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Jonathan Israel argues in his seminal work European Jewry in the Age of Mercantilism (1985) that the early modern period marked a distinctive phase in the historical experience and consciousness of the Jews of Western Europe. He contends that the key factor that paved the way for these changes was the "political and spiritual upheaval which engulfed European culture as a whole by the end of the sixteenth century", above all what he terms the "Catholic-Protestant deadlock". The Protestant Reformation, which began in Wittenberg but quickly divided into several competing forms of Protestantism, evoked a Catholic Reformation in response. Polemicists from these emerging Christian confessional churches were not slow to portray their theological opponents as demonic enemies of the one true God, but they all agreed that Judaism was a false religion, and that the Jews themselves were stubborn rebels against God. Yet the sixteenth century also saw the birth and explosive growth of Christian Hebrew scholarship, supported and encouraged by the leaders of these same confessional churches.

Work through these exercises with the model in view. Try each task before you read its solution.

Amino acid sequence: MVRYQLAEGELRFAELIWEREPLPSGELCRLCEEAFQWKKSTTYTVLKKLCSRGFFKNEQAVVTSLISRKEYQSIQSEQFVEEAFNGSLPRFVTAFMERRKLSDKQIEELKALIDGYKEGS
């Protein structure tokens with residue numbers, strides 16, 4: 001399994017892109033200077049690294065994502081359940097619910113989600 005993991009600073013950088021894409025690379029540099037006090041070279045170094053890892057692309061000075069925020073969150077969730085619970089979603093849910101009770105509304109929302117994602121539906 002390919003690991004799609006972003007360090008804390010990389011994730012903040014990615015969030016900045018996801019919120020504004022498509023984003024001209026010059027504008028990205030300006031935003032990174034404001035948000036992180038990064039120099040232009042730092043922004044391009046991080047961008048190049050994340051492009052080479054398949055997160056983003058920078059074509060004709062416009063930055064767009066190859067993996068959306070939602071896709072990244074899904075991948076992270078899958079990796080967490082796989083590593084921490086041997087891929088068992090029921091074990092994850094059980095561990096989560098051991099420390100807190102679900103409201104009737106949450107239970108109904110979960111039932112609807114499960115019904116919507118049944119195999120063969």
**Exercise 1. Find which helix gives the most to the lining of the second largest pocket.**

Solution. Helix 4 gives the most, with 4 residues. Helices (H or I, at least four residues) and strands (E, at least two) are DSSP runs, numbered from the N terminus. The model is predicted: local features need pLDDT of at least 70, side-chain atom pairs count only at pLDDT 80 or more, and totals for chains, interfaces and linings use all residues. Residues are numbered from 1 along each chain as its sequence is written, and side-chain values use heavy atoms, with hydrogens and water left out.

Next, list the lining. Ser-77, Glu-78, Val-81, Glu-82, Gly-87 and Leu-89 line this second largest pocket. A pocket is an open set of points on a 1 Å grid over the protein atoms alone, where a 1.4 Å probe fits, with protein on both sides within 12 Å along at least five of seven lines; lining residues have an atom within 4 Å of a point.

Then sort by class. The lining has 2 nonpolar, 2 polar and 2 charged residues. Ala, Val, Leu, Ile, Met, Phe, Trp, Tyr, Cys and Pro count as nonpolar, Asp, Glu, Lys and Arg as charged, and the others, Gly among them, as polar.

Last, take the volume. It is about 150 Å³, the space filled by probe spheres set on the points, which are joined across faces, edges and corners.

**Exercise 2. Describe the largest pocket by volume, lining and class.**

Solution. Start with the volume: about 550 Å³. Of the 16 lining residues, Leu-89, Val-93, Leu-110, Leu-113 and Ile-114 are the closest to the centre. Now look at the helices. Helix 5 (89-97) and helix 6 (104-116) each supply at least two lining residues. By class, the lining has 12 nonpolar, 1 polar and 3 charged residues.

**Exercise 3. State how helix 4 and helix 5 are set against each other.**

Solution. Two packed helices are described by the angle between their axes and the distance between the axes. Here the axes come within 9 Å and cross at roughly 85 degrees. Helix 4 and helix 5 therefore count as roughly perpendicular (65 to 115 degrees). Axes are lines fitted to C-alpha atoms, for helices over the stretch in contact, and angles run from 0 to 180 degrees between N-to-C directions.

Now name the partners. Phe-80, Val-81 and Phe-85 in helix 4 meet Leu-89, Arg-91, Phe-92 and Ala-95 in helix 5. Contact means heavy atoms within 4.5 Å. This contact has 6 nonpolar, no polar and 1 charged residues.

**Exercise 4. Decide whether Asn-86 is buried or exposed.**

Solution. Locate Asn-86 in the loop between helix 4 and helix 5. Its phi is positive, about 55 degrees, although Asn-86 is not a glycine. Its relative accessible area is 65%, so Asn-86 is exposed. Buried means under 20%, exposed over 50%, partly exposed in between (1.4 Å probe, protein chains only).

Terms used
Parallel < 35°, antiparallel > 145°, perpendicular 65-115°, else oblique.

Christian interest in Hebrew and in the literature of Judaism has long been identified as a feature of early modern European Philosemitism, beginning with the pioneering book of Hans-Joachim Schoeps, Philosemitismus im Barock (1952), and continuing in the works of Shmuel Ettinger, Jonathan Israel, and David Katz. Yet scholarly agreement that Philosemitism existed in the early modern period has not necessarily extended to its existence during the Reformation. Indeed, Heiko Oberman asserted, "Philosemitism does not exist in the sixteenth century, and among the Christians friends of Jews are rare exceptions." I will argue in this paper that in fact Christian Hebraism in the Reformation era did at times foster a nascent form of Philosemitism that would become more important in the mid-late seventeenth century.